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The share price of MTY Food Group Inc. MTY-T has been stuck between $45 and $60 over most of the past five years, giving loyal investors little to celebrate. Will pretzels power the shares to new heights?

The Montreal-based company franchises and operates eateries in Canada and the United States, under about 90 different brands that cater to casual diners looking for quick food at reasonable prices.

You won’t find Michelin stars or maître d’s at the likes of Mr. Souvlaki, Manchu Wok or Jugo Juice.

But these brands and others – some with locations in malls and office buildings – underscore a strategy that is raising optimism among some analysts and investors as pandemic routines fade and hungry consumers return to shopping concourses.

Through steady expansion and geographical diversification, MTY has used its heft to create economies of scale and streamline operations. And now, following a pause during the pandemic, the company is back in acquisition mode with two large deals in recent months.

In August, MTY announced the US$200-million acquisition of Nasdaq-listed BBQ Holdings Inc., the owner of Famous Dave’s and Barrio Queen, among other brands. The deal closed in September.

Earlier this month, it announced a US$207-million deal to acquire Wetzel’s Pretzels, a snack purveyor with 350 locations, which won plaudits from some observers for the strength of the franchise and the fact that it lifts MTY’s U.S. sales exposure to 70 per cent.

“It is probably one of the best acquisitions that we’ve seen them do in the past three to five years,” said Aaron Lanni, portfolio manager at Medici, a Quebec-based investment manager that owns shares in MTY.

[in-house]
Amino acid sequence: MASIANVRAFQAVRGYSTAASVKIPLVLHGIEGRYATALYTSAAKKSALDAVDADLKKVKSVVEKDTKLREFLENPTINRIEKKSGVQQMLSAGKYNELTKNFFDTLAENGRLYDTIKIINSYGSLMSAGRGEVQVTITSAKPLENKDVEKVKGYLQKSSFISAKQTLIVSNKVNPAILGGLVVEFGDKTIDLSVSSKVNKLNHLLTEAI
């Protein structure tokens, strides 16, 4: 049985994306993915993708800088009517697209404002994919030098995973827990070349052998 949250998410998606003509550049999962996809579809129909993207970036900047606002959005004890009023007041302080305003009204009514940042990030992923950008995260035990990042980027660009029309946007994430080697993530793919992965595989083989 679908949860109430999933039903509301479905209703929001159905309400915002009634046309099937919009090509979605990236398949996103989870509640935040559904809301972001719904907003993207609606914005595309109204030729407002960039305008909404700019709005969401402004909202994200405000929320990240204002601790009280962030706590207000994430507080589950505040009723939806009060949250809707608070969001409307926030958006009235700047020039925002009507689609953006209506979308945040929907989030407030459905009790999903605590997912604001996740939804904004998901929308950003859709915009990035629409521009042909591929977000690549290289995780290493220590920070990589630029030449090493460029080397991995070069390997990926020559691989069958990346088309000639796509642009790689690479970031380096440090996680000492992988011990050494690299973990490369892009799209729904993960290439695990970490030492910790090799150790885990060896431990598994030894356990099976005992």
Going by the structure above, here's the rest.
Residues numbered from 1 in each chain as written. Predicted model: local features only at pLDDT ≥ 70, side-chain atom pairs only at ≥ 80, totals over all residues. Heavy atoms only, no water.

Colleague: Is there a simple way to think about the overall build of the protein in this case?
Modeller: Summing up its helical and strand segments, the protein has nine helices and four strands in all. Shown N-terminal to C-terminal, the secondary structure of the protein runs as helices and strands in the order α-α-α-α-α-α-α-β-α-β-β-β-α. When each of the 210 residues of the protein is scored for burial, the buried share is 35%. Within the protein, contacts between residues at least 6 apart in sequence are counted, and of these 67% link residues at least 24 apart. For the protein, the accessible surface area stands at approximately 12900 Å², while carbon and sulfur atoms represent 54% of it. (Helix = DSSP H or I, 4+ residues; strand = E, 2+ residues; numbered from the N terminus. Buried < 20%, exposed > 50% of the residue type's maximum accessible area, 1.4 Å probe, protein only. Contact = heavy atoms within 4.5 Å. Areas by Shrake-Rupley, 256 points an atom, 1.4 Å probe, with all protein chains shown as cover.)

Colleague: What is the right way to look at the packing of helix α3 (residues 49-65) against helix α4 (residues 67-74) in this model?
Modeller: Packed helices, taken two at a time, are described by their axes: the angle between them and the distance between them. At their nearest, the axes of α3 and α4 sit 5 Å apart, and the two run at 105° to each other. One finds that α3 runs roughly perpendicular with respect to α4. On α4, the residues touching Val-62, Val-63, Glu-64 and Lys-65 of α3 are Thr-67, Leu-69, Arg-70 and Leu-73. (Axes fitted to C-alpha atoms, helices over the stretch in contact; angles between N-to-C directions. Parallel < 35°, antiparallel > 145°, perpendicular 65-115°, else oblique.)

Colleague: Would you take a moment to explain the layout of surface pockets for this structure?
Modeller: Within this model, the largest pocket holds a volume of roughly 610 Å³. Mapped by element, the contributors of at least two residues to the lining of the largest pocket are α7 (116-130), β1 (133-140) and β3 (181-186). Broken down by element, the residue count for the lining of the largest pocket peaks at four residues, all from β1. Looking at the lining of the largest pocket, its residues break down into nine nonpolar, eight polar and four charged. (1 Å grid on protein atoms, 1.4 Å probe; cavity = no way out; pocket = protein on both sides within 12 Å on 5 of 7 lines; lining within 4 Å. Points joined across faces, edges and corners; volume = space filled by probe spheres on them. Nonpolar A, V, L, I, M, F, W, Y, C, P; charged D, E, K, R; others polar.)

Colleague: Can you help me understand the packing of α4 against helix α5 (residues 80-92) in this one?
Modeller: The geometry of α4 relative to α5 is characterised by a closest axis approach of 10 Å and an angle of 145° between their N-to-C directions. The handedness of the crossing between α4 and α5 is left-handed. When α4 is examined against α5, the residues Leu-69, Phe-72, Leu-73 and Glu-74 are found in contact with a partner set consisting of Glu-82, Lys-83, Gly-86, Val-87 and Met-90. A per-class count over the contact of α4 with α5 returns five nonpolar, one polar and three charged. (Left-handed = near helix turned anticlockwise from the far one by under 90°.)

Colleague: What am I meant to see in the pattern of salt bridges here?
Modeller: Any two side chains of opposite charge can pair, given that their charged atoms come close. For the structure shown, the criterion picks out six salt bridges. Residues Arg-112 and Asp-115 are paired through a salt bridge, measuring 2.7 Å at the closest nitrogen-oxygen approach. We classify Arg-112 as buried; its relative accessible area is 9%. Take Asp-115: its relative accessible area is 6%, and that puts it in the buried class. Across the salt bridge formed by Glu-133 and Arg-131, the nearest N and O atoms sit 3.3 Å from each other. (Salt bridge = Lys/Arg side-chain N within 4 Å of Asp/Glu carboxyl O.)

Though MTY struggled during the pandemic to produce organic sales growth from its restaurants, the pretzel chain shows promise on this score.

Its franchised stores, Mr. Lanni noted, are generating sales of US$700,000 a year, on average, at a 20 per cent profit margin. Same-store sales have been rising at a mid-single-digit range for the past 15 years, and two-thirds of franchisees own more than one location, suggesting they are invested in the concept.

“Usually, MTY will buy something that’s either mature, not really growing or slightly declining – and they hope to deliver growth. But this one is already growing, it’s in high-traffic areas and they paid a reasonable price,” Mr. Lanni said.

MTY paid about nine times EBITDA (or earnings before interest, taxes, depreciation and amortization) for Wetzel’s Pretzels. That’s in line with MTY’s own valuation, but slightly higher than the average price it has paid for the past 24 acquisitions.

When the deal was announced on Nov. 2, MTY’s share price rallied 6.3 per cent, suggesting investors also like the look and price of the transaction.

But MTY’s stock has been struggling for direction over the longer term, with some serious zigzagging. Though well up from its pandemic lows in 2020, the stock is trading at late-2017 levels, meaning that it hasn’t made any meaningful progress in five years.

The share price is down about 15 per cent from a recent high in August, 2021, when ultra-low interest rates and a reopening economy fuelled a bull market in stocks that has since floundered on soaring inflation, rising rates and a looming recession.

Can MTY build momentum?

Though the latest two deals lift the company’s debt to a higher level – more than three times EBITDA, according to Raymond James, and at a time when borrowing costs are rising – analysts expect that MTY can focus on using its cash flow to pay down this debt to a more comfortable level over the next year.

That means less emphasis on additional large acquisitions – expect deals that are “more bolt-on in nature,” said George Doumet, an analyst at Bank of Nova Scotia, in a recent note – and more focus on generating results from its existing franchises.

“If they can show that same-store sales are trending in the right direction, and bring back positive net openings” – or more locations opening than closing – “I don’t think the market is baking that in,” Mr. Lanni said.

He thinks the shares are undervalued. Pretzels, he hopes, will prove him right.

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